7.9 Foot Stingray Could Be Largest Freshwater Fish Ever Caught

TV host Jeff Corwin (upper right) and veterinarian Nantarika Chansue (left) examine a huge freshwater stingray in Thailand’s Mae Klong River last week. The ray may be a record-breaker, and the catch and release was filmed for an upcoming episode of the ABC show Ocean Mysteries with Jeff Corwin. (PHOTO CREDIT: Ocean Mysteries with Jeff Corwin, Litton Entertainment)
TV host Jeff Corwin (upper right) and veterinarian Nantarika Chansue (left) examine a huge freshwater stingray in Thailand’s Mae Klong River last week. The ray may be a record-breaker, and the catch and release was filmed for an upcoming episode of the ABC show Ocean Mysteries with Jeff Corwin. (PHOTO CREDIT: Ocean Mysteries with Jeff Corwin, Litton Entertainment)

Scientists working in Thailand’s Mae Klong River made a big find last week: an enormous stingray that they think is a contender for the largest freshwater fish ever documented by researchers.

The ray was caught and released in about 65 feet (20 meters) of water in the Amphawa District, about an hour outside Bangkok.

Nantarika Chansue, a veterinarian and professor at Chulalongkorn University in Bangkok, helped catch and measure what she calls the “big one.” The ray (Himantura polylepis or H. chaophraya) was 7.9 feet (2.4 meters) across and 14 feet (4.3 meters) long and weighed an estimated 700 to 800 pounds (318 to 363 kilograms), she said via e-mail.

The team was unable to get an exact weight because “it’s really hard to weigh these things without hurting them, because they are such big, awkward animals,” says Zeb Hogan, a National Geographic fellow and a professor of biology at the University of Nevada, Reno.

“Certainly [this] was a huge fish, even compared to other giant freshwater stingrays, and definitely ranks among the largest freshwater fish in the world,” he says.

Hogan has a connection to this particular ray: The same animal was caught and tagged in 2009 under a program he runs with Nantarika.

Nantarika performed a portable ultrasound on the ray while it was held in a cage in the river, revealing that the animal was pregnant with two fetal rays. Records show that she was also pregnant when caught in 2009.

“That indicates it was found in an area that is likely a nursery ground,” Hogan says.

In 2009, the ray was 6.5 feet (2 meters) across and 15 feet (4.58 meters) long. “Her tail might have been shortened by some accident,” says Nantarika. The ray also had bite marks that may have come from a male ray.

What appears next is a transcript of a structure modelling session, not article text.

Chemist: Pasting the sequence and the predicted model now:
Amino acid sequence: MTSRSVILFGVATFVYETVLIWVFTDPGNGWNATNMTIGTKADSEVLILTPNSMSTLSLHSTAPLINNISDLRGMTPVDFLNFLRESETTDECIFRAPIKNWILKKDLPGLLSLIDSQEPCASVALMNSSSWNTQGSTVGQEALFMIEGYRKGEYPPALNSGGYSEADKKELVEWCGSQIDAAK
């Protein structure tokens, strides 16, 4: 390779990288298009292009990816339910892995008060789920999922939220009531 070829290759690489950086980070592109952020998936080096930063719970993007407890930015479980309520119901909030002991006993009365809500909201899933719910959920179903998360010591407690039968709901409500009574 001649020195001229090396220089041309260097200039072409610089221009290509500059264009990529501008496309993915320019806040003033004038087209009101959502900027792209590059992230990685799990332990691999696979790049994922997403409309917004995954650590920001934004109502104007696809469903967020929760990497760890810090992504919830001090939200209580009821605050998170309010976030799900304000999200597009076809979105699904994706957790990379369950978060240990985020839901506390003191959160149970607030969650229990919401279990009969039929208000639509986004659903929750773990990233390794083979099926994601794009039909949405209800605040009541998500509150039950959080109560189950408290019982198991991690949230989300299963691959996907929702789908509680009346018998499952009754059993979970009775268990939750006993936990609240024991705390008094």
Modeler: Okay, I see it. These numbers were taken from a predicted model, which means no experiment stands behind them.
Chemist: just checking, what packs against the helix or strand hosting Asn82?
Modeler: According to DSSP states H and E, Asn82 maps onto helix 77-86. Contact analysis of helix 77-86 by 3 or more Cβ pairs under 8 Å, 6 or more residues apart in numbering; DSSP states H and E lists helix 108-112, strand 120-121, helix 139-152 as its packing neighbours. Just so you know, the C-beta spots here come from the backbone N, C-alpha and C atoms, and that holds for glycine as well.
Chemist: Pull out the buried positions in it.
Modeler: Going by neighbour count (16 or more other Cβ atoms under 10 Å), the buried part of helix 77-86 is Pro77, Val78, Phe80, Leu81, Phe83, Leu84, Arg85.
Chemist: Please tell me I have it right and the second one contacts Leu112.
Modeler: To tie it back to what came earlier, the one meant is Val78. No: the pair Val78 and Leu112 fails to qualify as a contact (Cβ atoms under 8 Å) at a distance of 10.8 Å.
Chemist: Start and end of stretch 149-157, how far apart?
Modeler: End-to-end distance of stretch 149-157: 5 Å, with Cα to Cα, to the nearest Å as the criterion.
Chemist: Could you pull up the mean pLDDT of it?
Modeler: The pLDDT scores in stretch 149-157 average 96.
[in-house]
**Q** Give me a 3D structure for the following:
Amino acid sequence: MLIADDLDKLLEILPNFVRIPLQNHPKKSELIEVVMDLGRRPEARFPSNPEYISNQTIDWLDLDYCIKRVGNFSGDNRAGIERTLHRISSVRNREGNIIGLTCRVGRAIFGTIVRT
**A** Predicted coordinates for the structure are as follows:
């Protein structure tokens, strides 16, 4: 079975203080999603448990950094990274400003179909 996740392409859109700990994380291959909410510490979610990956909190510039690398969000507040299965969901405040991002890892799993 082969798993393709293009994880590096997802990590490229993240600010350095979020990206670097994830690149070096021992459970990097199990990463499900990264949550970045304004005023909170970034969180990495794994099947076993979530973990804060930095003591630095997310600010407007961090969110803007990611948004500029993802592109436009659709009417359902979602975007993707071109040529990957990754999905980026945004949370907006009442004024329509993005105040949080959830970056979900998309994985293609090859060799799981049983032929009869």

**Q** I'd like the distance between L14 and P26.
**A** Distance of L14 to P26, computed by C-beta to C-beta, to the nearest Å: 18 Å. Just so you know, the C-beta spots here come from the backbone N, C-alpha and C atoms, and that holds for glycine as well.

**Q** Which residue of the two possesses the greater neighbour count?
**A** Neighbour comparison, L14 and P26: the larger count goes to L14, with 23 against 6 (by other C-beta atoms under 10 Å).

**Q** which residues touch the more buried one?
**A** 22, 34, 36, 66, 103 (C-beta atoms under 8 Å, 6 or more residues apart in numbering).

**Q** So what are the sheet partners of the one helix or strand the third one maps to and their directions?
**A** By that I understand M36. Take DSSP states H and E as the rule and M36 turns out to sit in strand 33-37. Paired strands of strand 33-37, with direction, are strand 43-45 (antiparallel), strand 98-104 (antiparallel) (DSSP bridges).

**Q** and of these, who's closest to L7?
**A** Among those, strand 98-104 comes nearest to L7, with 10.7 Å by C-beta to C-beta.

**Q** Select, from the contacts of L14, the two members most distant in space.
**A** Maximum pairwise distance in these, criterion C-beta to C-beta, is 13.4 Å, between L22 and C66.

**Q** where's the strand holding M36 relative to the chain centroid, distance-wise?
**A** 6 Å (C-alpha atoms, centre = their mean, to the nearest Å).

By knowing how much time had elapsed since the ray was last studied, scientists now have a better idea about how fast rays can grow. Like most fish, they keep growing as long as they live and can find enough food. Giant stingrays are bottom feeders, preying on fish, prawns, mussels, clams, and whatever else they can find. Scientists don’t know how long the rays can live, but Nantarika estimates this one is between 35 and 40 years old, based on its size.

Record Catch?
Hogan keeps track of freshwater fish size records through his Megafish Project, which studies the world’s biggest freshwater fish, and says the previous size record for a freshwater fish was an estimated 693 pounds (314 kilograms), for a Mekong giant catfish. The largest freshwater ray he has measured was about 400 pounds (180 kilograms). Unconfirmed reports have suggested sizes for the rays as big as 1,100 to 1,300 pounds (500 to 600 kilograms).

The Guinness Book of World Records lists the Mekong giant catfish, which also lives in Thailand, as the “world’s largest freshwater fish,” weighing up to 660 pounds (300 kilograms). The 2015 edition of the book breaks out the largest saltwater ray as a separate category from bony fish, even though rays are technically a type of fish. Anthony Yodice, a spokesperson for Guinness World Records North America, said the organization would not comment on whether this catch constitutes a new record until a formal application had been submitted and reviewed.

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SOURCE: National Geographic, Brian Clark Howard

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